This rock face on Stock Creek Road near Mabe VA does rather resemble President Trump. Sort of…
Monthly Archives: January 2017
Bright Colors, Really
This is a mailer from Freeport (IL) Hardware Company, probably in the 60s, promoting Du Pont’s Duco enamel for household use. It had been formulated as an automotive paint in the 20s.
What I thought amusing about the card was the thought that someone, blinded by the intense contrast between the green and the orange, would overlook that somewhat disguised step up into the dining room and faceplant on the shiny black floor.
English Cruiser “Hampshire”
The cruiser was launched in 1905. This card dates from around 1910. The cruiser was lost in a U-boat-laid minefield off the Orkney Islands on June 5, 1916. 643 men, including Lord Kitchener – on a diplomatic mission to Russia, were lost. Twelve survived.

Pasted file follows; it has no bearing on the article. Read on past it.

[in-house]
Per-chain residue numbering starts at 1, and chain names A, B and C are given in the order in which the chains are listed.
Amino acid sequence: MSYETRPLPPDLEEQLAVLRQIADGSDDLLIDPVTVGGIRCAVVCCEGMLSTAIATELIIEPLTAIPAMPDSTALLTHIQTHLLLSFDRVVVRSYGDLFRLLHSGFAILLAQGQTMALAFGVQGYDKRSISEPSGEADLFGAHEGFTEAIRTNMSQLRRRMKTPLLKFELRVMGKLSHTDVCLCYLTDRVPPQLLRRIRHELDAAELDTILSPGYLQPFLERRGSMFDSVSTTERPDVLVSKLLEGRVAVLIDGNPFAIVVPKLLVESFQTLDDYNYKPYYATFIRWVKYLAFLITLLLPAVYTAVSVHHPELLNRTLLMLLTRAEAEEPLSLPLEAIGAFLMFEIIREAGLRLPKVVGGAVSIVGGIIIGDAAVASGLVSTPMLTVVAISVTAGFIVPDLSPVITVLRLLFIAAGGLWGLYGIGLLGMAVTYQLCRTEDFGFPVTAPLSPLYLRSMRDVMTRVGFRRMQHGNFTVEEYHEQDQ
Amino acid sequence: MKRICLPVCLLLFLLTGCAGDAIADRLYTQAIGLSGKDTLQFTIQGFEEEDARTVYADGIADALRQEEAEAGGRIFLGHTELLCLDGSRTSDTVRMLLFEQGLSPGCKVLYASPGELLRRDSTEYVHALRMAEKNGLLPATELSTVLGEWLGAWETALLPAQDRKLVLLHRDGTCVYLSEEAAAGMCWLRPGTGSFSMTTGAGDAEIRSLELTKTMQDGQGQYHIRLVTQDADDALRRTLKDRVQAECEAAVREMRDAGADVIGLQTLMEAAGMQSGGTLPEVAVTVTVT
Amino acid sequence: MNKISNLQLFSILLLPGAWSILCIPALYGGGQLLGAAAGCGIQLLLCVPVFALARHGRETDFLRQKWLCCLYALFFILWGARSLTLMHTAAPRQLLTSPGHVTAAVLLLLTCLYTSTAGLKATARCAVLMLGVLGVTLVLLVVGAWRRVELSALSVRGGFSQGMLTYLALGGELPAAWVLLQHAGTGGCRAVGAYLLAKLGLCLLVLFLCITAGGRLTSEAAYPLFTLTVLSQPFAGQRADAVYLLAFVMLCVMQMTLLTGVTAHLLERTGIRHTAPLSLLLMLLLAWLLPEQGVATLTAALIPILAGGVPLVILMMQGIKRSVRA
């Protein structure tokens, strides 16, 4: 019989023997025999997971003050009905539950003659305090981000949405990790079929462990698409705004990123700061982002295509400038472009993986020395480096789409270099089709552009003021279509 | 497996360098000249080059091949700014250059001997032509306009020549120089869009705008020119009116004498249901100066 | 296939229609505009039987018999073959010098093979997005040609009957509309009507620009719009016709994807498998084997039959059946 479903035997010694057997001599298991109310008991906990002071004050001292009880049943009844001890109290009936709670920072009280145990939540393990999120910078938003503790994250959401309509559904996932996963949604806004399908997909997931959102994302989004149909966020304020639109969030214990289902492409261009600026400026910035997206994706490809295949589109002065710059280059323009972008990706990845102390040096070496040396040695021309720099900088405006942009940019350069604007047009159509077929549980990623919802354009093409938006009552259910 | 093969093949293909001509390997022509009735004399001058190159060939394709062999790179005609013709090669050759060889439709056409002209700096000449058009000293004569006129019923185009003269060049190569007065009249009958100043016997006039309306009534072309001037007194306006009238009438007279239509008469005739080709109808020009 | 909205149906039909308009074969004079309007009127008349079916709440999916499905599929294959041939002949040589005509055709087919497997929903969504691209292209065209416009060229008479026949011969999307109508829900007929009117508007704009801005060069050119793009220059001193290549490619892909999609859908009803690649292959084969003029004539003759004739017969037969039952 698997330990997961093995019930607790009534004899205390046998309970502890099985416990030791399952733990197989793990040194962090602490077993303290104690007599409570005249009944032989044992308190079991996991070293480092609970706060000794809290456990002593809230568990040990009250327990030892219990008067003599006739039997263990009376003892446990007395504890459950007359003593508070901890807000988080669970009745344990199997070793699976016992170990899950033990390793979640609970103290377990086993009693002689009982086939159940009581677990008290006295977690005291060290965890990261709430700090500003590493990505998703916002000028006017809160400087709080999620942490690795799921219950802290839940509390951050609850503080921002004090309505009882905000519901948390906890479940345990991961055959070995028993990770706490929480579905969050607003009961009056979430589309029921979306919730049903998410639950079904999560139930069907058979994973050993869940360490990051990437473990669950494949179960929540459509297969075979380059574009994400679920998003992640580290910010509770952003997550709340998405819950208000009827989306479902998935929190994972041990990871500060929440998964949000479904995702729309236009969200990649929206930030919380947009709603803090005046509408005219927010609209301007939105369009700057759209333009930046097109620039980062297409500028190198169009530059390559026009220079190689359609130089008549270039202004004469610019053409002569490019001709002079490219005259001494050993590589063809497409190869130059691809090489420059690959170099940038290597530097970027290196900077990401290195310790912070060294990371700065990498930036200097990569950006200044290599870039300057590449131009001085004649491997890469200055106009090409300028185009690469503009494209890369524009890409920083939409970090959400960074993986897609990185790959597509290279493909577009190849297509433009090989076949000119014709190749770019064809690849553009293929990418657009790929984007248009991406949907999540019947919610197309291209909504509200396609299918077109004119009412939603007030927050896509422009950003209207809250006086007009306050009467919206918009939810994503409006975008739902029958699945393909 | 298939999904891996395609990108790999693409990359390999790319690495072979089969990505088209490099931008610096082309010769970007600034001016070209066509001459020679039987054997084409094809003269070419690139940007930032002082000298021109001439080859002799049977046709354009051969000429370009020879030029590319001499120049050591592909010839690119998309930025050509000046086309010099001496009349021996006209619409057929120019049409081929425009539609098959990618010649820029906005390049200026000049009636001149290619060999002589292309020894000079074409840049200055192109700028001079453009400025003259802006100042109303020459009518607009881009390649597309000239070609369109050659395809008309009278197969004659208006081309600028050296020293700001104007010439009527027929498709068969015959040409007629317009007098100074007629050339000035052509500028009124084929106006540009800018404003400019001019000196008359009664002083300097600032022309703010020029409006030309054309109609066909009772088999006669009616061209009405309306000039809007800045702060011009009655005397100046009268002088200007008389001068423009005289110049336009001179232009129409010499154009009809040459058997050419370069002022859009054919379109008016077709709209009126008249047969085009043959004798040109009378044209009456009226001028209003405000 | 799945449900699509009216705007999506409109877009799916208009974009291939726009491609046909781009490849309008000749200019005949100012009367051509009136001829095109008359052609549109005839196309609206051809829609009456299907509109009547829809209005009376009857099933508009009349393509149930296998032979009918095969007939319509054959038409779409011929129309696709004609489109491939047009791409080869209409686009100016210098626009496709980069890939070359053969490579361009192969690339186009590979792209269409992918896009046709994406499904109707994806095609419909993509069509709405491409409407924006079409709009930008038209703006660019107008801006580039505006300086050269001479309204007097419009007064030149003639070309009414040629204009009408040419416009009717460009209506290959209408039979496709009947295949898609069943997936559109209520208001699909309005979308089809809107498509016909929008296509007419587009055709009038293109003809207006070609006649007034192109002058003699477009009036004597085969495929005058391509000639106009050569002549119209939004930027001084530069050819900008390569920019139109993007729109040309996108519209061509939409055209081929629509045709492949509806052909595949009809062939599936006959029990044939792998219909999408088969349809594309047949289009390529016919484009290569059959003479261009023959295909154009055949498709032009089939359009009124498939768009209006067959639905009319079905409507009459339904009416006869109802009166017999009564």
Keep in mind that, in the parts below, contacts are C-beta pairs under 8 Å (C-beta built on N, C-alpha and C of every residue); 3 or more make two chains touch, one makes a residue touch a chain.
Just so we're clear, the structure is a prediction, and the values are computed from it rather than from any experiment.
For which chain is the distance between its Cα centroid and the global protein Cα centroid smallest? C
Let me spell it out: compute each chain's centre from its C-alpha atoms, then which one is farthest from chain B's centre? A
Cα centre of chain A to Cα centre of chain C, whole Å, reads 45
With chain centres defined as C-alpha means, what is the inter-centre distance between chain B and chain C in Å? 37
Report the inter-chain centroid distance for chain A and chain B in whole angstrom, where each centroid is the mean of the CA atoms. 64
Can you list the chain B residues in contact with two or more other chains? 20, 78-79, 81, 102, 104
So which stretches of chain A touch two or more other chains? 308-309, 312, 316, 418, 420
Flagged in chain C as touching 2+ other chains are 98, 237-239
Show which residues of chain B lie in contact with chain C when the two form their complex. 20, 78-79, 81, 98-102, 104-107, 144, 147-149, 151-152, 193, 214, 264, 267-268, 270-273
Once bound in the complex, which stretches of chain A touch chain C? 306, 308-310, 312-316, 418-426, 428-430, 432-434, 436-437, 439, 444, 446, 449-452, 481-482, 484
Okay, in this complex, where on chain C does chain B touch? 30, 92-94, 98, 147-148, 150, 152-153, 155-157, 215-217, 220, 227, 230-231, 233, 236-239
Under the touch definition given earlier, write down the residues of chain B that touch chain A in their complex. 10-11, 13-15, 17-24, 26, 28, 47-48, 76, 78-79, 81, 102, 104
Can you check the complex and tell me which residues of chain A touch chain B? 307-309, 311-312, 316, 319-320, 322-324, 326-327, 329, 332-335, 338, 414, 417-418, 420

The front shows some fading but the overall condition of the card is very good. Apparently, it was kept in a common picture album. The browning on the back is probably from the acidic stock of the album pages.
The Prudential Insurance Company issued quite a few postcards around this time, but this one could be an R3. It’s available on the web for around $20, in mint condition.
3-D Post Card
Well, it’s kind of 3-D. But it’s more a bit of 2-D fakery. There are two planes in this lenticular post card (parallax panoramagram, a word that’s as delightful as “bananarama”), the front one with the pine needles, the perplexed-looking skiiers, and the two riding the lift. The second layer is the background. Moving the card gives a feeling of 3-D, if you’re a kid and have never seen 3-D before…
Anyway, it was published by the Manhattan Post Card Company, in business from 1928 to 1974. The Xograph process was patented in 1964 (the patent expired in 2008). It’s 6.5 x 4.75″.
A friend of mine found four of the these 3-D Collector Series cards at a garage sale. On the market today, they’re worth about $2.00 each.